I have always wanted to make a guitar with a mismatched headstock like the one being played here by the incomparable Bill Frisell.
There’s something about this devil-may-care combo that also strikes me as supremely pragmatic. This neck. This body. Do they sound good together? Sure, let’s go with it.
Having been off of Instagram for the past two months I’ve realized how much of a cash cow that platform must be for toolmakers. I hold nothing against toolmakers sharing their wares on IG. It’s smart business. You have to get the word out somehow and there are few tools like IG to whip people into a frenzy over wood choice and gleaming steel. What I realized though, is that this sort of environment (like all advertising) is designed to introduce want, and then to transform want into a need.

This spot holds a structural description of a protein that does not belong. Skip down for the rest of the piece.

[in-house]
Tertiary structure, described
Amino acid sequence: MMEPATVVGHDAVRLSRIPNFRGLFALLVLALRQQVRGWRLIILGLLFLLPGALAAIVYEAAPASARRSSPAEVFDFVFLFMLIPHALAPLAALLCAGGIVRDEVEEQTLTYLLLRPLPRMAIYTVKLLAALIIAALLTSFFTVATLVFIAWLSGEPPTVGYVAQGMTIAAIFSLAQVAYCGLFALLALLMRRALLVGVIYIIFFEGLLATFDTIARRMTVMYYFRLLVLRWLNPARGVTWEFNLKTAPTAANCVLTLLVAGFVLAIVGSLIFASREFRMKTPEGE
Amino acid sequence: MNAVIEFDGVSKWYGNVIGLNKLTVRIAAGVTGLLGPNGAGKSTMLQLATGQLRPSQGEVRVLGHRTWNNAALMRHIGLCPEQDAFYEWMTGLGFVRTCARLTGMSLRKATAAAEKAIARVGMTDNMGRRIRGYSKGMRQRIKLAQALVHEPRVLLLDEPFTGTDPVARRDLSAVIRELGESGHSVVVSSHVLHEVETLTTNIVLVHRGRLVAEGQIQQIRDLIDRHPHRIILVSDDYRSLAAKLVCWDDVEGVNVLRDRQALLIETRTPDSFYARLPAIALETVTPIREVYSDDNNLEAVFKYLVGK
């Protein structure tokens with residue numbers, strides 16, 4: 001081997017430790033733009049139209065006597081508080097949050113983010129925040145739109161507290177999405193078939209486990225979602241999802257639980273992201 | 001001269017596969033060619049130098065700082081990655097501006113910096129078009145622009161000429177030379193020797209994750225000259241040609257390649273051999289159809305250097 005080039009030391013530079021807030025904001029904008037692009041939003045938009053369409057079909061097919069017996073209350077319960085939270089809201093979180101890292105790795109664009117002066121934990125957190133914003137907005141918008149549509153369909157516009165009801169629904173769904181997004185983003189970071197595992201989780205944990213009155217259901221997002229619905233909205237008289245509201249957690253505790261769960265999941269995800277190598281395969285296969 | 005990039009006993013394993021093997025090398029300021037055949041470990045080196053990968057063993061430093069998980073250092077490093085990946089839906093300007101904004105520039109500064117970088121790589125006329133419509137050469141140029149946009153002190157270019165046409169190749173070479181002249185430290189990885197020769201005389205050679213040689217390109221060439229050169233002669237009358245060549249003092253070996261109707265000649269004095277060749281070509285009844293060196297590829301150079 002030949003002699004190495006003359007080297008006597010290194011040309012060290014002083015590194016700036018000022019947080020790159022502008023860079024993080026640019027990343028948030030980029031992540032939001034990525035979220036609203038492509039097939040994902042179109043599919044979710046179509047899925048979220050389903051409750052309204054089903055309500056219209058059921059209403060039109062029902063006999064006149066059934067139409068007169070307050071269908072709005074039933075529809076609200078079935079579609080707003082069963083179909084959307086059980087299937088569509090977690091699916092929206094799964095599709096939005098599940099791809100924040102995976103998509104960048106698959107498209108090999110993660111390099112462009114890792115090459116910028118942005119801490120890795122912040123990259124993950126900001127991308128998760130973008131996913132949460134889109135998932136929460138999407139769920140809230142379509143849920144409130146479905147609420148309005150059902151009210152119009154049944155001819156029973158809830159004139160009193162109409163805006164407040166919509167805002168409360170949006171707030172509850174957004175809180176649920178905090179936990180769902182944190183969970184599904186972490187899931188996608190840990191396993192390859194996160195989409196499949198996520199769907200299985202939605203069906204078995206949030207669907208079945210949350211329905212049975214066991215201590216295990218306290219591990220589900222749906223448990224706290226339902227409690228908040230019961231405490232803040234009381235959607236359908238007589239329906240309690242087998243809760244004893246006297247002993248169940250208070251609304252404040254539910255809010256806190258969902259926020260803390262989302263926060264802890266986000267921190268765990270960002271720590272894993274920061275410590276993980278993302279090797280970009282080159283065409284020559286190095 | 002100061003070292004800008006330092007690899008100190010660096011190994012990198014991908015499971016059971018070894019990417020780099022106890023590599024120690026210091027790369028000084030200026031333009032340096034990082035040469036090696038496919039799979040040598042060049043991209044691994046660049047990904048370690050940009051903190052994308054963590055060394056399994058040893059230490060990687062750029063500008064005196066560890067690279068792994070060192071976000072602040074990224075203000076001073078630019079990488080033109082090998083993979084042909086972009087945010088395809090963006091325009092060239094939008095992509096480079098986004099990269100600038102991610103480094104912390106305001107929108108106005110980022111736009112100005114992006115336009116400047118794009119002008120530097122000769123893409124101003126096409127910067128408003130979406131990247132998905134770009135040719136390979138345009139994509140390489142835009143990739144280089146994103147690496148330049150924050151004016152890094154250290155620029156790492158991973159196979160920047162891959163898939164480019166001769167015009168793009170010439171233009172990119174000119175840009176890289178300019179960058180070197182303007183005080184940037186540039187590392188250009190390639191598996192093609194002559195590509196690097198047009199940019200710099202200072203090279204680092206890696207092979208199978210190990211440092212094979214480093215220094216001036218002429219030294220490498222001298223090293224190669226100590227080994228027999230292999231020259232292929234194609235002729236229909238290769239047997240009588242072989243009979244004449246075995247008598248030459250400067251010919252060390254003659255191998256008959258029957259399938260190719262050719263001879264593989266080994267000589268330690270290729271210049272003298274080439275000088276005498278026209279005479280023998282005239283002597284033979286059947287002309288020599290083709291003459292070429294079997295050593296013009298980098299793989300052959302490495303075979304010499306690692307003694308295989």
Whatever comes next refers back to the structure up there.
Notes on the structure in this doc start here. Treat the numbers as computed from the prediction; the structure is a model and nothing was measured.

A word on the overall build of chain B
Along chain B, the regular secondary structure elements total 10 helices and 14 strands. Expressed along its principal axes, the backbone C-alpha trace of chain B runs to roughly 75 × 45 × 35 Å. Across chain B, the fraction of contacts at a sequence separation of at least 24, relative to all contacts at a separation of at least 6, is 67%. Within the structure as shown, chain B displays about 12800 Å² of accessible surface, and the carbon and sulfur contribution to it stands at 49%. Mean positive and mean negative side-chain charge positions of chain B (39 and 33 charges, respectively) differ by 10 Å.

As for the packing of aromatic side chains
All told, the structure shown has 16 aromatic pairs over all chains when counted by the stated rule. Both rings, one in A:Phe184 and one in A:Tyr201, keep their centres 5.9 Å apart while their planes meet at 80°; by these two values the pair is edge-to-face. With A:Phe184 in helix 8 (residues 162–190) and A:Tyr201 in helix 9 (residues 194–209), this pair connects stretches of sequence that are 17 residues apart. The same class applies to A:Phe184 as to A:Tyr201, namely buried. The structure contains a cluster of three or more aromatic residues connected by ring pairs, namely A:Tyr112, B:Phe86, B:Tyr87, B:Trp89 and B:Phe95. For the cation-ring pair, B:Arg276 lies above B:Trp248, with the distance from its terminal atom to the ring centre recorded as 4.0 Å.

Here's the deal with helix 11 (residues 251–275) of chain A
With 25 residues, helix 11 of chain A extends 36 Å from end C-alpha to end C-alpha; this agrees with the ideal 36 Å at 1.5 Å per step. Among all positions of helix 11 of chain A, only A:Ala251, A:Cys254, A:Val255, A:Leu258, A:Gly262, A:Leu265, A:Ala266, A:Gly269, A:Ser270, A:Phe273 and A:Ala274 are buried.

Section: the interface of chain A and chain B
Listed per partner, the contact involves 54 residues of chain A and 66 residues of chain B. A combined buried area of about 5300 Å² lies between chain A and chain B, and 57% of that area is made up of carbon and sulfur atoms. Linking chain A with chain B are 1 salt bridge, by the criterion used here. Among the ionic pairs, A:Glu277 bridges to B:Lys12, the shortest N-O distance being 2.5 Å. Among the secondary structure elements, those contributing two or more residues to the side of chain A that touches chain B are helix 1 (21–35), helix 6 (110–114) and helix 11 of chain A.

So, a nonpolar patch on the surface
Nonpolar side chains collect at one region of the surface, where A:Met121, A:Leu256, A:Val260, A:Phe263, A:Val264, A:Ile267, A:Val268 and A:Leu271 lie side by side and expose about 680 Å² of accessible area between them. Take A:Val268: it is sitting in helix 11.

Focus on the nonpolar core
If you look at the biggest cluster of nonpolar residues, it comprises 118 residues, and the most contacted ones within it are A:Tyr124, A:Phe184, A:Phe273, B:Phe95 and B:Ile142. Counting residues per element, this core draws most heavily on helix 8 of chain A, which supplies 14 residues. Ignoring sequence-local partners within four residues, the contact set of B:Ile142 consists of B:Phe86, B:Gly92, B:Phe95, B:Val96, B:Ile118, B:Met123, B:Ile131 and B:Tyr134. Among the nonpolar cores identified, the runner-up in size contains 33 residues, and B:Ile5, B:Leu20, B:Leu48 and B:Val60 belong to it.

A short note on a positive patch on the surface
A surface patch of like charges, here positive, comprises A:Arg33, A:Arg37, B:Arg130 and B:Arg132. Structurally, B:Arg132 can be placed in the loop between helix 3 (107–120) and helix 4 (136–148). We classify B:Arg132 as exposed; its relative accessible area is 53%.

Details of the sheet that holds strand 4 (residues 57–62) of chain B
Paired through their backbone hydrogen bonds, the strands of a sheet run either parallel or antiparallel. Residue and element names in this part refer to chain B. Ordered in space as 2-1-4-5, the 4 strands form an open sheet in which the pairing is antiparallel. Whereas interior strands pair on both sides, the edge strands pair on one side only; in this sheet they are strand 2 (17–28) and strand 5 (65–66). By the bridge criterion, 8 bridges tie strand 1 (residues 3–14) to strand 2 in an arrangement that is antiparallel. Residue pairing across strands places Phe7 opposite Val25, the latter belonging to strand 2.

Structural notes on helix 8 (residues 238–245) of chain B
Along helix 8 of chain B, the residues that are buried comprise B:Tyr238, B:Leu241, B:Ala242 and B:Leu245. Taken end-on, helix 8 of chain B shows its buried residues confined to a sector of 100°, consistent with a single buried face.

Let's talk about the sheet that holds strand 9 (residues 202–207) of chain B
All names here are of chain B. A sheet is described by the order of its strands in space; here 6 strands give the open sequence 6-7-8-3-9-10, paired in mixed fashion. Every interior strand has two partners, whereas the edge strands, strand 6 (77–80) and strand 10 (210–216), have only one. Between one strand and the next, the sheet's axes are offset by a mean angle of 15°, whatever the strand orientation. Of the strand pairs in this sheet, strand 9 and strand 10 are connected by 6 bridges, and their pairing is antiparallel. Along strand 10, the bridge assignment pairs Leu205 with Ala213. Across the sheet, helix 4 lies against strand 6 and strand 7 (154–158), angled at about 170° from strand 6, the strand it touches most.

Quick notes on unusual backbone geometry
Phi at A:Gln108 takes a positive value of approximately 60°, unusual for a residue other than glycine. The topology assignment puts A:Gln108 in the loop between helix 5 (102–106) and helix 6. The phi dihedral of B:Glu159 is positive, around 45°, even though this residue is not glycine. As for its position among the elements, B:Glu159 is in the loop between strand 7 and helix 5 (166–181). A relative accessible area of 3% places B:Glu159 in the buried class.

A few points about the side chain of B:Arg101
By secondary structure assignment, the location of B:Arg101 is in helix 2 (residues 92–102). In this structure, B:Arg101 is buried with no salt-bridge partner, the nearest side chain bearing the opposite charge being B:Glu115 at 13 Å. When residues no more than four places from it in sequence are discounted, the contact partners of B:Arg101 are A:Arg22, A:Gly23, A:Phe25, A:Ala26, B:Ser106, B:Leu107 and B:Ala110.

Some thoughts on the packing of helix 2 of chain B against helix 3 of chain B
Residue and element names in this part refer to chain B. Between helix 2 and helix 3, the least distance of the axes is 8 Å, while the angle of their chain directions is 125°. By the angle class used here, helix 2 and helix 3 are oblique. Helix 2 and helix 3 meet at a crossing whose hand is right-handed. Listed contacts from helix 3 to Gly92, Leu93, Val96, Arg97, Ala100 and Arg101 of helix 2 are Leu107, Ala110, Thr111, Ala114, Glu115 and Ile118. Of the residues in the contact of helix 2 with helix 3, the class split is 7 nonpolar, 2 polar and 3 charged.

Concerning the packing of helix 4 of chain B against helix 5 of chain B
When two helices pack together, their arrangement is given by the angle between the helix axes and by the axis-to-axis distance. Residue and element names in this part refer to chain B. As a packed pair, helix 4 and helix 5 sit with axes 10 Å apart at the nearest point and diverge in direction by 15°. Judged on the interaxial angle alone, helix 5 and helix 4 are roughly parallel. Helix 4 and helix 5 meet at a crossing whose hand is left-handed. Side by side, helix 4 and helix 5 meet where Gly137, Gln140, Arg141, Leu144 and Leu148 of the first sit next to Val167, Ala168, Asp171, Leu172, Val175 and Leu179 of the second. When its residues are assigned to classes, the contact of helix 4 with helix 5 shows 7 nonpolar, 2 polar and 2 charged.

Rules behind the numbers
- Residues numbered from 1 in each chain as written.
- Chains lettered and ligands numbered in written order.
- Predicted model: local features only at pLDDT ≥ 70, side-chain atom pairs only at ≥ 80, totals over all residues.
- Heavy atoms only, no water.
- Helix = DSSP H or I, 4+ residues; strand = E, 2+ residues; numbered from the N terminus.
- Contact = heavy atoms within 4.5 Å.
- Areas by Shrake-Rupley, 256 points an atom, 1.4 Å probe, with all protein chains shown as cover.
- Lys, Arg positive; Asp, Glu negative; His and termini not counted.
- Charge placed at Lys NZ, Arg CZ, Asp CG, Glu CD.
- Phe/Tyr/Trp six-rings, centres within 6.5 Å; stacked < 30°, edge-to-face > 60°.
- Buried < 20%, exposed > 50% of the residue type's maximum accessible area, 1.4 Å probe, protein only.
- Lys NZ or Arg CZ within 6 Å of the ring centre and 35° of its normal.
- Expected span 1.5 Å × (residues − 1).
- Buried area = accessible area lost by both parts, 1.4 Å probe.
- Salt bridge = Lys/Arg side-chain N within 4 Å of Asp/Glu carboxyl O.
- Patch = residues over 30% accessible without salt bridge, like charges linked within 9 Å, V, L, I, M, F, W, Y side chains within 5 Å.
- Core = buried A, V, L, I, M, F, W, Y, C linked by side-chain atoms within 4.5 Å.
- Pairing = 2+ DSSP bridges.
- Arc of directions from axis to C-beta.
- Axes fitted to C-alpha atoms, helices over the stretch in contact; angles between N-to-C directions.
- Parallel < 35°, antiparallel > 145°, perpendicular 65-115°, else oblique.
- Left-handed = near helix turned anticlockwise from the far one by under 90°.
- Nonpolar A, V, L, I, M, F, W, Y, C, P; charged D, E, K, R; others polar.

Another way of saying this: it’s easy to cross the line from tool as useful object to tool as precious object. This sort of veneration feeds the machine, but it doesn’t necessarily make us better woodworkers.
But doesn’t having better tools make us aspire to better work? Yes. Sometimes. There’s some validity there, but you still have to put in the work. And if you put in the work, the tools begin to show it.
Is there a tool equivalent to Bill’s axe in your tool chest? Hopefully.